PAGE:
Jesmyn Ward's latest book, Salvage the Bones, didn't get a lot of attention before rising out of the dust with the National Book Award in 2011. Thank god it won the award, it's the best book I've read this year.
The story follows a family living near the coast in Mississippi during the ten days proceeding hurricane Katrina, and the day of the storm. The main character, Esch, lives with her father and brothers in a ramshackle house. Esch is fifteen years old, precocious, smart, kind, and pregnant. In her world, there are no choices.
Ward gives depth to every character in this novel, elevating them out their dire poverty so the reader sees the soul within. Even Esch's alcoholic father has moments of kindness and care, although he is largely absent or at the periphery while the kids make their own way. Esch's brother, Skeet, has a pitbull named China who is like his soulmate. Her brother Randall has hung all of his hopes on basketball camp and discovery by a college scout. Her youngest brother Junior is a typical bratty child, a necessary character in this book. He grounds the family in reality.
The characters are treated with care. They never veer into mere stereotype. Even Randall's friends who come around are not mere thugs or cretins, they are kids. Esch lets them take advantage of her, but her love for one of them above all others shines through. Ward shows Esch's turmoil and pain, her most heartfelt desires.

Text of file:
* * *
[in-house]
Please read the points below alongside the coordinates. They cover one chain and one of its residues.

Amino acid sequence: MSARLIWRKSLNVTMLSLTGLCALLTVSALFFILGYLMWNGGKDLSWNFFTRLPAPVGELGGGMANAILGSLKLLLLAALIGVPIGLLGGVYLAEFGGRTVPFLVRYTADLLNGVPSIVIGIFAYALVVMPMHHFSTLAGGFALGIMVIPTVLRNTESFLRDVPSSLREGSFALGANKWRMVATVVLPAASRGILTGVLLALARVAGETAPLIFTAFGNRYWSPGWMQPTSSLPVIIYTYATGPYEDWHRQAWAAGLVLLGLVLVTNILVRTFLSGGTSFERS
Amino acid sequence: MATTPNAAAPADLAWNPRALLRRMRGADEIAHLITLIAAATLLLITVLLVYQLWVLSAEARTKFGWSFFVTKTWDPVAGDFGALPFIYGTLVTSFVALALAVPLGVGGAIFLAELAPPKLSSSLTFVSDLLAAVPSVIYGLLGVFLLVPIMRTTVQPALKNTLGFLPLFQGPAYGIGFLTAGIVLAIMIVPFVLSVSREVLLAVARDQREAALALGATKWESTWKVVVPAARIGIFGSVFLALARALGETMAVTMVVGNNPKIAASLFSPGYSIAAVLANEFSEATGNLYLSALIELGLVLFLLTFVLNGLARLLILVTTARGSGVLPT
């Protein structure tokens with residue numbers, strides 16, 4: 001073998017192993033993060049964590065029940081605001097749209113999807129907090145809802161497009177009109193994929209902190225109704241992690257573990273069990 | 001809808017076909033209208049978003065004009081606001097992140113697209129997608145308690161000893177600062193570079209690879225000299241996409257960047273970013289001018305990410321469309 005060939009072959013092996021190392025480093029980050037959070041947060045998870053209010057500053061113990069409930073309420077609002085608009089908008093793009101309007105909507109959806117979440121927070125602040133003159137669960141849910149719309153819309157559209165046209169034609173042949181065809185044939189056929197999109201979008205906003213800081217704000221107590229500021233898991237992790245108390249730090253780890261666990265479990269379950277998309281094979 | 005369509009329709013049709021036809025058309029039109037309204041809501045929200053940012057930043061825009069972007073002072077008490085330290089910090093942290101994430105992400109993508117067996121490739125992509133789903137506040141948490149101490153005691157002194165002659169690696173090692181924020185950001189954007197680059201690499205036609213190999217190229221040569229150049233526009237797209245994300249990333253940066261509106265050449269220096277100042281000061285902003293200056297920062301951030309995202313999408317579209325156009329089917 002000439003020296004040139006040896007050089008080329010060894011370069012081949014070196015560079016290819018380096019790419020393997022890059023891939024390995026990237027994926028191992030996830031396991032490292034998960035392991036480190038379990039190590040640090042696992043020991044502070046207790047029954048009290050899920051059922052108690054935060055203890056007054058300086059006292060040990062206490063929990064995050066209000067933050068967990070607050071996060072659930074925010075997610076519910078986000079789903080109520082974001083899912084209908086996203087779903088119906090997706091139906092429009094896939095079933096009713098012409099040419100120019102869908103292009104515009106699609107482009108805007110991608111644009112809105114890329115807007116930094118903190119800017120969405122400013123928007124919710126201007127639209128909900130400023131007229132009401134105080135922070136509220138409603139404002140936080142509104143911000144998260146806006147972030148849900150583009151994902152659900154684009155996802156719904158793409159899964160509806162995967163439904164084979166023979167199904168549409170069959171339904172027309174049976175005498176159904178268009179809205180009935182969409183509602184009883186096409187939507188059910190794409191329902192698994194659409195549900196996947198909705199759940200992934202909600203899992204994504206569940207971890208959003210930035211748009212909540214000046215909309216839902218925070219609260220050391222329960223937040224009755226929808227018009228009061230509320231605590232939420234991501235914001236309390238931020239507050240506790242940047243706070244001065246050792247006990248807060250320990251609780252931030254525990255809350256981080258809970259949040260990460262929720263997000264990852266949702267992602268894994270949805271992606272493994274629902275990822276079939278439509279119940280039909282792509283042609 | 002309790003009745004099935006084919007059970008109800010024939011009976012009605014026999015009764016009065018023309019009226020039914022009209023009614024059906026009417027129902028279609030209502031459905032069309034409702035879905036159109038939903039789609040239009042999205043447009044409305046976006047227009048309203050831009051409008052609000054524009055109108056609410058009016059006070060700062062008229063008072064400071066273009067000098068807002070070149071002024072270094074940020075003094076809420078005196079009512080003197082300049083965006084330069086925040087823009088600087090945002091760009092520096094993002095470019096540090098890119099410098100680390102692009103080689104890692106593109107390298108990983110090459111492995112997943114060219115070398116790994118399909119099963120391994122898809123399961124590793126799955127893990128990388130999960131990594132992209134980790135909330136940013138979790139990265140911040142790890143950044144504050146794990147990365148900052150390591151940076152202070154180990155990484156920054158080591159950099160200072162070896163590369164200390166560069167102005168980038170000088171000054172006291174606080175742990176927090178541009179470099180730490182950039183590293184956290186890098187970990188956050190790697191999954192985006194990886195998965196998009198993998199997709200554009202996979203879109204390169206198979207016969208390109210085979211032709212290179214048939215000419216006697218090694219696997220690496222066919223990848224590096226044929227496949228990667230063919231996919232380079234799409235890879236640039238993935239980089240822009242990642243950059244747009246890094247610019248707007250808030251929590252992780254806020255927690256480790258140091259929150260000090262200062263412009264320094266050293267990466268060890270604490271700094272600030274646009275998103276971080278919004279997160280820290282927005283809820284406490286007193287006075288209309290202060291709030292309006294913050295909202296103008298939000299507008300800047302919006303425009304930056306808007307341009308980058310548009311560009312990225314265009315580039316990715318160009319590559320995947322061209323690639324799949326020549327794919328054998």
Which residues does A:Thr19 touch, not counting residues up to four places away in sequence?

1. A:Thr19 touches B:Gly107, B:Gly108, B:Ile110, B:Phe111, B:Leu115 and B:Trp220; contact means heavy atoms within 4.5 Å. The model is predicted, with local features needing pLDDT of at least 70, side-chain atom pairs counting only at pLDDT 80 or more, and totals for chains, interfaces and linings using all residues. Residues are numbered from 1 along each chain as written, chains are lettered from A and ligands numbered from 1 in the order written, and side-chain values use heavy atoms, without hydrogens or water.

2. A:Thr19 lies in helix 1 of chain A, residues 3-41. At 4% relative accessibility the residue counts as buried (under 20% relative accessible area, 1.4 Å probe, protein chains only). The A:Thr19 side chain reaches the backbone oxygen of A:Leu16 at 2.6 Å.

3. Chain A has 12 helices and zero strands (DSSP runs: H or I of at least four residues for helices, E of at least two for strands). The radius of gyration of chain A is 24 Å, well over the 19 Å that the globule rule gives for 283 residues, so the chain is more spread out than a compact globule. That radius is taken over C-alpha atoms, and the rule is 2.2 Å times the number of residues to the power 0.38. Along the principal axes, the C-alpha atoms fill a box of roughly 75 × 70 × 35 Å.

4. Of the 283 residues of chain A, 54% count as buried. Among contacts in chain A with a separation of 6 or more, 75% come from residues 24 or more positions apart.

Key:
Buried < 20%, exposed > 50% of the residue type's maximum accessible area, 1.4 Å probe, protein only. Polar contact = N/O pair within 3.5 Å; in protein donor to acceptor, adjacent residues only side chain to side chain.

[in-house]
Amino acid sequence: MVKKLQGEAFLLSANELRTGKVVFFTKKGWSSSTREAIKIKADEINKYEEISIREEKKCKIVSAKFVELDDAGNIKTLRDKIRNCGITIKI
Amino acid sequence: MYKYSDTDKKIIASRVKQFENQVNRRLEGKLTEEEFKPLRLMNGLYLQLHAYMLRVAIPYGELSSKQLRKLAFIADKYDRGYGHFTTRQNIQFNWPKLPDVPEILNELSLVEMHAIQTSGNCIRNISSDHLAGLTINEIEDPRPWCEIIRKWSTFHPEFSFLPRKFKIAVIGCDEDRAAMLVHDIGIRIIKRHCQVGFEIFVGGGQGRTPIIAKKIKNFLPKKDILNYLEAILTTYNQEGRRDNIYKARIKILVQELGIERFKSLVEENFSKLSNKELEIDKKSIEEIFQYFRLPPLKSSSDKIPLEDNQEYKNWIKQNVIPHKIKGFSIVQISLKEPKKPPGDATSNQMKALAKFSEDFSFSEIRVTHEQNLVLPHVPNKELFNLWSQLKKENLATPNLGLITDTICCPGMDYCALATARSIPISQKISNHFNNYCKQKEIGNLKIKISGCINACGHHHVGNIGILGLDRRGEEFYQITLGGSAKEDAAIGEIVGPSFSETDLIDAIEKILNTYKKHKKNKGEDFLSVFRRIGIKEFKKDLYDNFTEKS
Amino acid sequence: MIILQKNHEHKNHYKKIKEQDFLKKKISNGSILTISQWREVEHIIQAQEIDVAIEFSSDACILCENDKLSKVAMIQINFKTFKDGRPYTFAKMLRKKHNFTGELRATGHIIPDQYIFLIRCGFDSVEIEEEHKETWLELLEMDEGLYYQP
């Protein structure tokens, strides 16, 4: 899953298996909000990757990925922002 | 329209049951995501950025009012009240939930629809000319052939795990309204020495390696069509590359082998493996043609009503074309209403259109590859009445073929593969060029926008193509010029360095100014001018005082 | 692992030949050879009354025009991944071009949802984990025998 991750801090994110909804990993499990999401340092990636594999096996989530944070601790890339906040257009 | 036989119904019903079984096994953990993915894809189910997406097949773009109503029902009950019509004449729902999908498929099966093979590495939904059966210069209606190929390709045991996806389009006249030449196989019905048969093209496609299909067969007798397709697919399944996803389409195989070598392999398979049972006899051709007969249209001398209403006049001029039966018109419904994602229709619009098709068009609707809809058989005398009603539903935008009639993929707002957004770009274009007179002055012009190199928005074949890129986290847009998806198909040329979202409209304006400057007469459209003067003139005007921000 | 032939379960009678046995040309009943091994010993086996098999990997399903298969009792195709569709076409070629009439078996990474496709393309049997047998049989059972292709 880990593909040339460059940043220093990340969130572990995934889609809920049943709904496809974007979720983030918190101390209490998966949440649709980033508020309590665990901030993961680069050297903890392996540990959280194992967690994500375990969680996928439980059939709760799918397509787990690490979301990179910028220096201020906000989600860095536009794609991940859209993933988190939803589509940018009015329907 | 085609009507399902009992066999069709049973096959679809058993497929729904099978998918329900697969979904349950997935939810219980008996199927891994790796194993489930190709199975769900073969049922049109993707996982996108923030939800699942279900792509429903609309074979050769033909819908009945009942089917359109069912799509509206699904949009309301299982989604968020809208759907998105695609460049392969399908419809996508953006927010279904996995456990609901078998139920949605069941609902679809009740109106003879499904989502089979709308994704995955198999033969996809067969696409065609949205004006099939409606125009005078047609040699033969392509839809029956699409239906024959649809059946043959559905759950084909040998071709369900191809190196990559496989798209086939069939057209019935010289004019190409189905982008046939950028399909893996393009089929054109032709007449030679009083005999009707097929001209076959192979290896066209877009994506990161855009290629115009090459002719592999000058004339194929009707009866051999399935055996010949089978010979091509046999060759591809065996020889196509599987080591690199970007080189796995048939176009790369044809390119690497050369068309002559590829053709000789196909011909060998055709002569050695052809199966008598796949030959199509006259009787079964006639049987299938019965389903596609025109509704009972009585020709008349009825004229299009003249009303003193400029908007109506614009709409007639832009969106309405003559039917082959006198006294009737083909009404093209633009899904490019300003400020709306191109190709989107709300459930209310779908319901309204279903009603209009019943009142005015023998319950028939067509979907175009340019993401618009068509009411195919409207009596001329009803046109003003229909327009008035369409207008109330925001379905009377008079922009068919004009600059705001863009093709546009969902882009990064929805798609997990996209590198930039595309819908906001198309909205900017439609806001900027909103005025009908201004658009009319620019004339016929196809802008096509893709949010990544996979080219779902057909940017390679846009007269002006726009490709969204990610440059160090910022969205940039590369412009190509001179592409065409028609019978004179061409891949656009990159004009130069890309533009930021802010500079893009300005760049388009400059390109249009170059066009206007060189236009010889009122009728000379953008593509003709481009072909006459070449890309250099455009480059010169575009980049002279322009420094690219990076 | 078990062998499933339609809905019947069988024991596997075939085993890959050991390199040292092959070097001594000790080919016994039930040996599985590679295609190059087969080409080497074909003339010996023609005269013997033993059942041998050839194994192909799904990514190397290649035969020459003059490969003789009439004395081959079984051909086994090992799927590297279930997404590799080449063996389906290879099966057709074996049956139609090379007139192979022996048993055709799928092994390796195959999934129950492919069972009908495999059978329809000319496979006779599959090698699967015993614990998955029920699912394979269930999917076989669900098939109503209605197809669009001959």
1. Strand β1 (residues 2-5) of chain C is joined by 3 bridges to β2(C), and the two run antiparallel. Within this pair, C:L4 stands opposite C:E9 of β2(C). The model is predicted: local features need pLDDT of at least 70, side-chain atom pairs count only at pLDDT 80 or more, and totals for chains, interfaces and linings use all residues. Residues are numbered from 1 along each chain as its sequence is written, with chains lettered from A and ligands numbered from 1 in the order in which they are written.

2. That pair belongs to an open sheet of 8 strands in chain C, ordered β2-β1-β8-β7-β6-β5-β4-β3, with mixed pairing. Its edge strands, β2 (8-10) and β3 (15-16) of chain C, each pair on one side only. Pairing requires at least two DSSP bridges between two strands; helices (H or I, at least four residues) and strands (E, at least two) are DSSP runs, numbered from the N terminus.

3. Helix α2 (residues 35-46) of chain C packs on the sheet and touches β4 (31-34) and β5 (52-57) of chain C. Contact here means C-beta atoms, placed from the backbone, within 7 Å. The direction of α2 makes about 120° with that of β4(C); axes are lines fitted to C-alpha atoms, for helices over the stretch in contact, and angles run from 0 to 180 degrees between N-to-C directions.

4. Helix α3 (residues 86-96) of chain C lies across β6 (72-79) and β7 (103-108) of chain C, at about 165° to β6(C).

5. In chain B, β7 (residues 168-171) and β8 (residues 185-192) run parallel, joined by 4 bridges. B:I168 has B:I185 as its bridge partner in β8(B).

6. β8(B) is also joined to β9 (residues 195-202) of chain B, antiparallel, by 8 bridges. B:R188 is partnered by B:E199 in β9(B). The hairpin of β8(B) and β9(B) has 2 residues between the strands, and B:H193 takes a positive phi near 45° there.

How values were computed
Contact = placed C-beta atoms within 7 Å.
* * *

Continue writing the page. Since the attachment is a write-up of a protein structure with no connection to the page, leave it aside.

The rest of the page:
Perhaps these characteristics sound like something out of an ordinary romance novel. Ward's use of language and metaphor set this book apart. One criticism has been that it's hard to believe a fifteen year old girl in the sticks of Mississippi could have the observations Esch has in the novel. This criticism speaks more of the reader than the writer. Ward is careful to show Esch's intelligence and thoughtfulness, her awareness of the world around her. Popular opinion holds that poor people can not be smart people, they can't be as educated so they can't be as poetic. Tell that to James Baldwin.
The hurricane adds tension to the story for the reader but not for the characters. As readers, we know what is to come as soon as Esch's father says the storm has a name and that name is Katrina. As typical in hurricane-prone regions, the families in this novel intend to ride it out. The children scoff at their father's insistence that they must prepare. Despite being prepared for what's coming, as the reader, when the storm hits it takes your breath away. The slow build, the high tension, the choices and decisions, not choices or decisions at all, truly.
Salvage the Bones not only gives a realistic portrayal of life immediately following hurricane Katrina, but it also gives insight into the lives of people affected. Beyond that, into the mindset of poor people in America, and the unfairness of it all, of life.